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VOLUME 22 , ISSUE 1 ( 2018 ) > List of Articles

RESEARCH ARTICLE

Effect of continuous versus intermittent subglottic suctioning on tracheal mucosa by the mallinckrodt taperguard evac oral tracheal tube in intensive care unit ventilated patients: A prospective randomized study

Philippe Seguin, Harmonie Perrichet, Estelle Pabic, Yoann Launey, Marie Tiercin, Romain Corre, Graziella Brinchault, Bruno Laviolle

Keywords : intubation, mechanical ventilation, subglottic secretion drainage, tracheal injury,Intensive care

Citation Information : Seguin P, Perrichet H, Pabic E, Launey Y, Tiercin M, Corre R, Brinchault G, Laviolle B. Effect of continuous versus intermittent subglottic suctioning on tracheal mucosa by the mallinckrodt taperguard evac oral tracheal tube in intensive care unit ventilated patients: A prospective randomized study. Indian J Crit Care Med 2018; 22 (1):1-4.

DOI: 10.4103/ijccm.IJCCM_350_17

License: CC BY-ND 3.0

Published Online: 00-01-2018

Copyright Statement:  Copyright © 2018; Jaypee Brothers Medical Publishers (P) Ltd.


Abstract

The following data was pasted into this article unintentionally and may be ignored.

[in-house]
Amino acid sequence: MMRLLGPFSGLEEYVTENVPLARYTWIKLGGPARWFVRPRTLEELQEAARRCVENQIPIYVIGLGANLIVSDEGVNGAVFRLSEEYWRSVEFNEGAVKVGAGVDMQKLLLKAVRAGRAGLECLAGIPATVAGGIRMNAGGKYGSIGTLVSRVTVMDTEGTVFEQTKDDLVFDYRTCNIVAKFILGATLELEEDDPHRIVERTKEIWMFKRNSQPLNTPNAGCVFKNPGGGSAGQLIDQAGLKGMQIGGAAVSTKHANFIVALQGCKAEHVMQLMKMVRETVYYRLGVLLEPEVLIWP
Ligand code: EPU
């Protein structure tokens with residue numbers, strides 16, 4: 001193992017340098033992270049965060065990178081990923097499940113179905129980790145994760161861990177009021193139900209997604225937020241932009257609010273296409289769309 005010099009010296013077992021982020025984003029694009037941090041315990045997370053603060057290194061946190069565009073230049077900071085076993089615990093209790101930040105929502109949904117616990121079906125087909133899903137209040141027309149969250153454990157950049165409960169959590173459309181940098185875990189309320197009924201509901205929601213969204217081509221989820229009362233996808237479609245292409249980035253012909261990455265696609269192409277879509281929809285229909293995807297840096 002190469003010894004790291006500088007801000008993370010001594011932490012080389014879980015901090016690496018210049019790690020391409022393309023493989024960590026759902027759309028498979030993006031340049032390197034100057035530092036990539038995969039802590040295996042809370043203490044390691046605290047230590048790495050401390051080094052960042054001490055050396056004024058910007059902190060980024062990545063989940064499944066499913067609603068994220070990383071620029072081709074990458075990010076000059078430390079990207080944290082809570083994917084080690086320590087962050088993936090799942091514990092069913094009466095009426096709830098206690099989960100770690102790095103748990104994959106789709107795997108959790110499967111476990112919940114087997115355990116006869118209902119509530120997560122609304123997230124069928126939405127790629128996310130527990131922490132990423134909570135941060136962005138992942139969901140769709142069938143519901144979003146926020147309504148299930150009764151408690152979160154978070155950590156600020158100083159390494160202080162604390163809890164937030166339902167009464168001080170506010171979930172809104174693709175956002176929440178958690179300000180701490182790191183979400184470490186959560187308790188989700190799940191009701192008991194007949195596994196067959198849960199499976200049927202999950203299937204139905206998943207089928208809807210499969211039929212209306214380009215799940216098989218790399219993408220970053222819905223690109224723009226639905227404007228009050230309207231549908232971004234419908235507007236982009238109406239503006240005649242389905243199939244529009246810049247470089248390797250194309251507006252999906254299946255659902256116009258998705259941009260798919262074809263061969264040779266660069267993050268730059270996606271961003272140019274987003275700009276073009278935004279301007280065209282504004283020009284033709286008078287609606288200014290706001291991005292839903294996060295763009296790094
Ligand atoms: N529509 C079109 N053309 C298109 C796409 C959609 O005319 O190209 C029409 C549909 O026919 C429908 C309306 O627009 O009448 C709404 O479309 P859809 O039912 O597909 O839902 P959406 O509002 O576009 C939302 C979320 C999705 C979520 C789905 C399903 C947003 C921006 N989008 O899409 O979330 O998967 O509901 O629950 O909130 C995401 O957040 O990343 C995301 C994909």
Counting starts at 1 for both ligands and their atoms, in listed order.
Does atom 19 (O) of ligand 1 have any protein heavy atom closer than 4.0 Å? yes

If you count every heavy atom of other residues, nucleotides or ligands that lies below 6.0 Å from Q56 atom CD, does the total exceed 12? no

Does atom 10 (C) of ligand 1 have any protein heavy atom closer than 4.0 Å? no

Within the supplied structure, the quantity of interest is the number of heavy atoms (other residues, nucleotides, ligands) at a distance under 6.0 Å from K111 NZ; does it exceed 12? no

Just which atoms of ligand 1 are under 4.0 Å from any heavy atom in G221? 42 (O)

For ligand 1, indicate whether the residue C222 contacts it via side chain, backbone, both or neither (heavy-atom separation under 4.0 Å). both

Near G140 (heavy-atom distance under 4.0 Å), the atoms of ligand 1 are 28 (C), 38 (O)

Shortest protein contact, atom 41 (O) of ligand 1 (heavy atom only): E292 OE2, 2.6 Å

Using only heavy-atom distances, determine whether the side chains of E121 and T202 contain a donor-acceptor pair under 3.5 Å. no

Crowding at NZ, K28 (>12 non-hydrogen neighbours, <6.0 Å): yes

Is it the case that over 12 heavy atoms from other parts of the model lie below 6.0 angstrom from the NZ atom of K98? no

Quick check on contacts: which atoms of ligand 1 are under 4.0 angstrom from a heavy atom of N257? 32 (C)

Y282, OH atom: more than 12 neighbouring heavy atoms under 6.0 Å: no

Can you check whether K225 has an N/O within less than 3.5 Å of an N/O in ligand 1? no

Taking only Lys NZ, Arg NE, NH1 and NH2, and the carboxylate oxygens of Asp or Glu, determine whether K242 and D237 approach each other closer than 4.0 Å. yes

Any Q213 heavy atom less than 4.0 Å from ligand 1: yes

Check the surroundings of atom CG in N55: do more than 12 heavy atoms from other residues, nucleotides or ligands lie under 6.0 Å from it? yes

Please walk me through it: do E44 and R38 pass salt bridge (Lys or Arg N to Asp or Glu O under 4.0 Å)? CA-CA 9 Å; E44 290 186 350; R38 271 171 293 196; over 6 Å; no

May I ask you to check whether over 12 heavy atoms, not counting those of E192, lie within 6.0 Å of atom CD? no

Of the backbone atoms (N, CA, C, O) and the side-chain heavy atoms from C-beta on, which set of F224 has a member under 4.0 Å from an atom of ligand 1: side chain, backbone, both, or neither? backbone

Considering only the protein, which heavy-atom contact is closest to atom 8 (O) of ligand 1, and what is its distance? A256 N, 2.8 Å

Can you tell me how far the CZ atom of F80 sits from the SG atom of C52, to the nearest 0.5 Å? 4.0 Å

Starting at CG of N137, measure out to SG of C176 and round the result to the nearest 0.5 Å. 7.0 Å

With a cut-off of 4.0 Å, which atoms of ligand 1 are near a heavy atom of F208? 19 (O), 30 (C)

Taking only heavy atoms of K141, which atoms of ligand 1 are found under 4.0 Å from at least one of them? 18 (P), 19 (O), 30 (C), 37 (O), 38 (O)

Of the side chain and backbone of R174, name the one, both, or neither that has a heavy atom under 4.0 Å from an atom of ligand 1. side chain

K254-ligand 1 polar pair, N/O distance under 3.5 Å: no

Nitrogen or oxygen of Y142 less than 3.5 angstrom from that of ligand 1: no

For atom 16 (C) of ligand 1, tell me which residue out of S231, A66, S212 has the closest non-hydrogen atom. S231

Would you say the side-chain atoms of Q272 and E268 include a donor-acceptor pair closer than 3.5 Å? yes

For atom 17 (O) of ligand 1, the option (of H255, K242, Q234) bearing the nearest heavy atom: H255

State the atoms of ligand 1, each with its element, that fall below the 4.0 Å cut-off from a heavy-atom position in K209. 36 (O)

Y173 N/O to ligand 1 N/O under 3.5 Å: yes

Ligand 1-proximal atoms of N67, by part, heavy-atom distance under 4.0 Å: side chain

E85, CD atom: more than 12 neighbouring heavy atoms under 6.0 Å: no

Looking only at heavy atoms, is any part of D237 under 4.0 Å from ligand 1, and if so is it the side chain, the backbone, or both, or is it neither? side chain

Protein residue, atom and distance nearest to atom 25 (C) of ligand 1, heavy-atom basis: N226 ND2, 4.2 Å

Background and Aims: A risk of tracheal mucosa injury induced by subglottic suctioning has been raised. Therefore, this prospective randomized study aims to compare the effect of continuous suctioning of subglottic secretions versus intermittent suctioning of subglottic secretions (CSSS vs. ISSS) secretions on tracheal mucosa in front of the suctioning port of the endotracheal tube. Patients and Methods: Patients requiring intubation or reintubation in Intensive Care Unit with an expected ventilation duration > 24 h were eligible. Participants received CSSS at −20 mmHg or ISSS at −100 mmHg during 15 s and no suction during 8 s. The effect on tracheal mucosa in front of the suction port was assessed after intubation (T0) and before extubation (T1) using bronchoscopy. Tracheal mucosa damages were graded into five categories (no injury, erythema, edema, ulceration, or necrosis). The occurrence (no injury observed at T0 but present at T1) or the worsening (injury observed at T0 exacerbating at T1) was studied. Results: Seventy-three patients were included and 53 patients (CSSS, n = 26 and ISSS, n = 27) were evaluable on the primary endpoint. The occurrence or worsening of tracheal mucosal damages did not differ between the two groups (CSSS, n = 7 [27%] vs. ISSS, n = 5 [17%], P = 0.465). Daily average volume of suctioned secretion was higher with ISSS (74 ± 100 ml vs. 20 ± 25 ml, P < 0.001). Impossibility to aspirate was higher with CSSS (0.14 ± 0.16 per day vs. 0.03 ± 0.07 per day, P < 0.001). Conclusions: Our results suggest that tracheal mucosal damages did not differ between CSSS and ISSS. The aspirated volume was higher and impossibility to aspirate was lower with ISSS. Clinical Trial Registration: ClinicalTrials.gov Identifier: NCT01555229.


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